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image of Journal of Crustacean Biology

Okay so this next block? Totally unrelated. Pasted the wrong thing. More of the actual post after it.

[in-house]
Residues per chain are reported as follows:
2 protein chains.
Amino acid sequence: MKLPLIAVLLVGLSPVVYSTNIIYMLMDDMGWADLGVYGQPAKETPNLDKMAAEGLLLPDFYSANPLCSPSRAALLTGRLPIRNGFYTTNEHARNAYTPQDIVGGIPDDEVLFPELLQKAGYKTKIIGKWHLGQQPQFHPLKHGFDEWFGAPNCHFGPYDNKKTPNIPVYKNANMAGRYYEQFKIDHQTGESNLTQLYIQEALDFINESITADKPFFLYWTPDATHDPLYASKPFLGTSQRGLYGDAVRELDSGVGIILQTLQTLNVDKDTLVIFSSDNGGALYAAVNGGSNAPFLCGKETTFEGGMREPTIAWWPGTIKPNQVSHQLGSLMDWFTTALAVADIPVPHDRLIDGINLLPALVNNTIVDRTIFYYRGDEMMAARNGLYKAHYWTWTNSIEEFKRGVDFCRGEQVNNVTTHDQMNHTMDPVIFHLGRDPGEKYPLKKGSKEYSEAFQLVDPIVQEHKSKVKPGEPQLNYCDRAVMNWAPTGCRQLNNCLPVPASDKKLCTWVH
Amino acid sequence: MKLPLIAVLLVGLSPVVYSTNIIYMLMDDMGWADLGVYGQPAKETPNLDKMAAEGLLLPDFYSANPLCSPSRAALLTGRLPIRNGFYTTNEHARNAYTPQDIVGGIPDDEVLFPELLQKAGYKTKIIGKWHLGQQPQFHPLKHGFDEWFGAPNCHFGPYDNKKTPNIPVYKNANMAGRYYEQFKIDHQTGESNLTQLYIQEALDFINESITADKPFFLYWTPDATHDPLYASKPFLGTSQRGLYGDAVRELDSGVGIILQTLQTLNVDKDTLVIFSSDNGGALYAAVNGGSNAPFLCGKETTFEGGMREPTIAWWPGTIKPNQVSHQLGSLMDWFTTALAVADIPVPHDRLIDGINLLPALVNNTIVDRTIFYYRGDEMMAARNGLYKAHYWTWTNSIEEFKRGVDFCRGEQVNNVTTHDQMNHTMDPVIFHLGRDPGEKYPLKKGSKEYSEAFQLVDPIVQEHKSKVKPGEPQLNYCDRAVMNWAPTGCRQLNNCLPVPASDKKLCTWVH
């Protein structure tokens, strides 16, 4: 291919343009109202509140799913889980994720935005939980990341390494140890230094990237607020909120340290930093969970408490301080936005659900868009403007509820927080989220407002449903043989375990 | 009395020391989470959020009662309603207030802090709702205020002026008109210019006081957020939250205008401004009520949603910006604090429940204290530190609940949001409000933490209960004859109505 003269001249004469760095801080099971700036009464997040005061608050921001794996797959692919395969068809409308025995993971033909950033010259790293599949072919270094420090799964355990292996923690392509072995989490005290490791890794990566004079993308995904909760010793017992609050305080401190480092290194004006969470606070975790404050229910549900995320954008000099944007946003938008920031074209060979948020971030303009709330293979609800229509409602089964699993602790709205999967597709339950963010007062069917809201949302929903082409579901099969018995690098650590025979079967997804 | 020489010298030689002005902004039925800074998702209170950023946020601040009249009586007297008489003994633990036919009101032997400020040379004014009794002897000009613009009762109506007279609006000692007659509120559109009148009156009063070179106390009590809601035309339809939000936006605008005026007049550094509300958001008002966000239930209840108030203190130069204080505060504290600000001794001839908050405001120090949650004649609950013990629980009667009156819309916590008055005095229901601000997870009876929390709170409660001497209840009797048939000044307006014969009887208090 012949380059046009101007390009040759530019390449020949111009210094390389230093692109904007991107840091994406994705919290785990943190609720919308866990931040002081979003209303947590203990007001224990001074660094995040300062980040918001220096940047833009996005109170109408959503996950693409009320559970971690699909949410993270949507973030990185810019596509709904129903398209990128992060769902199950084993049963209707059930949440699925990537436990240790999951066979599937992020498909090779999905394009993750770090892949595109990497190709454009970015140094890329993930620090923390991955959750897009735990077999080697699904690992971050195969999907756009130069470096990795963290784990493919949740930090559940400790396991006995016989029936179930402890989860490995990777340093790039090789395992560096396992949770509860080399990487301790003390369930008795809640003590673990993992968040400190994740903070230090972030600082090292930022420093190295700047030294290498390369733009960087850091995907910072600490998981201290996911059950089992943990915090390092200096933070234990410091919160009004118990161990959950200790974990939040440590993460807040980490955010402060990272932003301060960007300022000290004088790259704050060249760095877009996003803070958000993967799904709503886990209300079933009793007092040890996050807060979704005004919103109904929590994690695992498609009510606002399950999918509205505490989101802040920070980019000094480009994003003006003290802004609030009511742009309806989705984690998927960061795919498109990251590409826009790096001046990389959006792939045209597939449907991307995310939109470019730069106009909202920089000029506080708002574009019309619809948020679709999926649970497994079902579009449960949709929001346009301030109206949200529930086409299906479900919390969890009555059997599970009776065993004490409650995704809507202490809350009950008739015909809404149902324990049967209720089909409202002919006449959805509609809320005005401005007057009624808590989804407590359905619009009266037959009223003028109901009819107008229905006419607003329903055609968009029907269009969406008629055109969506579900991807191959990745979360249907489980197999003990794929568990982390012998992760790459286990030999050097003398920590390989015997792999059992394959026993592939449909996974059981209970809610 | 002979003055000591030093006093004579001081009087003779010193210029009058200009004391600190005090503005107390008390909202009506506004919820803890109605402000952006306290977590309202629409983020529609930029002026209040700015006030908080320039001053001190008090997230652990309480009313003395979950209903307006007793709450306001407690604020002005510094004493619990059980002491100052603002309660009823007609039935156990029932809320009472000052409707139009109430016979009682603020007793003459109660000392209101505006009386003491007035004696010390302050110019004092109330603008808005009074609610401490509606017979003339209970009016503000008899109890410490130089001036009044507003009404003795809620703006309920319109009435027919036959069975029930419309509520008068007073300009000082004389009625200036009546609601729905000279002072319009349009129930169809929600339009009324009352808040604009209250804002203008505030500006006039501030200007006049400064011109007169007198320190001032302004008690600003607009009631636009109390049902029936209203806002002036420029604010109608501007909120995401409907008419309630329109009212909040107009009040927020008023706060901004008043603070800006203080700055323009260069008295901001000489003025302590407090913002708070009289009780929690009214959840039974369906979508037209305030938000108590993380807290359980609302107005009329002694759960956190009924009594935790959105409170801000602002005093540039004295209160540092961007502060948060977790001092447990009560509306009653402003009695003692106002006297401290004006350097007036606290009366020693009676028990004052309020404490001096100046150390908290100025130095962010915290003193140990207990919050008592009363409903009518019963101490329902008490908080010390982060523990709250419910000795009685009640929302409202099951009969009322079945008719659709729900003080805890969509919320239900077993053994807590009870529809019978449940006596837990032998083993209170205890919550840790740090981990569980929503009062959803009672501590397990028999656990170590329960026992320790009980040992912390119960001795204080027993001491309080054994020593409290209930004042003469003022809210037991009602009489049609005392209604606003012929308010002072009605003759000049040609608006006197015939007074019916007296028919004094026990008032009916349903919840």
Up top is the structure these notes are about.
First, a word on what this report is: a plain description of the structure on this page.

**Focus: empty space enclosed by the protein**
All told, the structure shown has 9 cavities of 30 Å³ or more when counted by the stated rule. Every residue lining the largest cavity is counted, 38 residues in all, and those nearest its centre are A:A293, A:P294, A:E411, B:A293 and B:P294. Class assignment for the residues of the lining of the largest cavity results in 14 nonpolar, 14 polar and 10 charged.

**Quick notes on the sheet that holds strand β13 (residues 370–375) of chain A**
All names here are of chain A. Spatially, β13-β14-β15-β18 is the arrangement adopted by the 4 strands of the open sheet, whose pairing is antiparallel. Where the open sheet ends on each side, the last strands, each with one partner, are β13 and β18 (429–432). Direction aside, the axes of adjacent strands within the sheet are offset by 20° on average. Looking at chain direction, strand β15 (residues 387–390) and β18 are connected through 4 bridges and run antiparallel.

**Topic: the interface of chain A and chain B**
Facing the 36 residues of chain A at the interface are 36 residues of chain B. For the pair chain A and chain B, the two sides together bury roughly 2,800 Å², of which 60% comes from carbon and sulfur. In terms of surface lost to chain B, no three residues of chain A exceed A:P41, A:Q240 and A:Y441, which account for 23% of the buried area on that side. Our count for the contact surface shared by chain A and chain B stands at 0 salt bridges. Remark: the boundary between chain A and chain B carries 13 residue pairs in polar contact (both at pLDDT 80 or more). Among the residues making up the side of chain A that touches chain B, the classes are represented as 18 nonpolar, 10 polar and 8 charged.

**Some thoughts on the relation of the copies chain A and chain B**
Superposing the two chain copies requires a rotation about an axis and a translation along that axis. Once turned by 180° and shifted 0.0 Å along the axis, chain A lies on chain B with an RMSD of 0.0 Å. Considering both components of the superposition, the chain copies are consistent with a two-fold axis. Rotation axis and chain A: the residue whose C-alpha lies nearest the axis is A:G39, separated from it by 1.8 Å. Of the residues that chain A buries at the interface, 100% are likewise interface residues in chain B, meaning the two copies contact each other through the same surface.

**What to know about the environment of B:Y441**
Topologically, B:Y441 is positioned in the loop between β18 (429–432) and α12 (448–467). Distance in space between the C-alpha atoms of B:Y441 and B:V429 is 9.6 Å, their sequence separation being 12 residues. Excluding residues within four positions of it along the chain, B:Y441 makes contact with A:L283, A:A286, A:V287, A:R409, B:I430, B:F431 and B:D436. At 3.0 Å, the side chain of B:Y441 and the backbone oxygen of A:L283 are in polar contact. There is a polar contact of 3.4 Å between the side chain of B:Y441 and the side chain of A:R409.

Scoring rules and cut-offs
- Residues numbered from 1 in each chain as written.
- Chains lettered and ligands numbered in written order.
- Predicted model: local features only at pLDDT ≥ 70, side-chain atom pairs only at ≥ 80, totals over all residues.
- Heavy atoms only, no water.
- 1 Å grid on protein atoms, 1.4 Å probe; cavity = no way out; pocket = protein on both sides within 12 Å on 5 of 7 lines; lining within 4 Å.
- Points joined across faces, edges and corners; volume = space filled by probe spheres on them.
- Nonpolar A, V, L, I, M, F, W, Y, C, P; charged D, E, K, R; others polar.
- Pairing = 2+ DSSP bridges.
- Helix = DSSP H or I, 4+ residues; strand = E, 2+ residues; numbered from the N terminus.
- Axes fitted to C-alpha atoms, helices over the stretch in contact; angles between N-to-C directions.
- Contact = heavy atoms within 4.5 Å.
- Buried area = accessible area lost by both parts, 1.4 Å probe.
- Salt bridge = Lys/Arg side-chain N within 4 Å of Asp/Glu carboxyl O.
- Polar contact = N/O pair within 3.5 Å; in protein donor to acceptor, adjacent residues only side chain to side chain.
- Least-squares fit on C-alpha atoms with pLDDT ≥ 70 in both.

ABSTRACT The ischyrocerid amphipod genus Jassa should comprise 19 species. Eight species that have been assigned previously to this genus should be transferred to other genera. Past taxonomic confusion is attributed to a failure to recognize that in the males of Jassa the development of a distinct secondary sex character, a thumb on the propodus of the second gnathopod, is delayed to the last molt, that production of the thumb signals the onset of sexual activity, and that thumbed males are dimorphic. It is suggested that the two thumbed male morphs may have different strategies for mating. Species of Jassa belong to one of two categories, depending on the size relations and proportion of the two thumbed male morphs in the species. In type 1 species, males exhibiting the small-thumbed "minor" morph are the smallest of the thumbed males, and therefore are rare. In type 2 species, minor form males are smaller than the largethumbed "major" form males on the average, but considerably overlap the size range of major form males, and therefore are frequently found. In type 1 species the alternative mating strategy may be conditional; in type 2 species the alternative mating strategy may be evolutionarily stable. Jassa is the only genus of mate-guarding amphipods known to dissociate sexual activity from physiological maturity and to have dimorphic secondary sex characters in the male. It is suggested that delay in sexual activity and dimorphism at maturity are responses to competition among males for mates. These adaptations may have developed in response to increased coloniality, which is promoted by a sedentary life within a tube and restriction to hard substrates.


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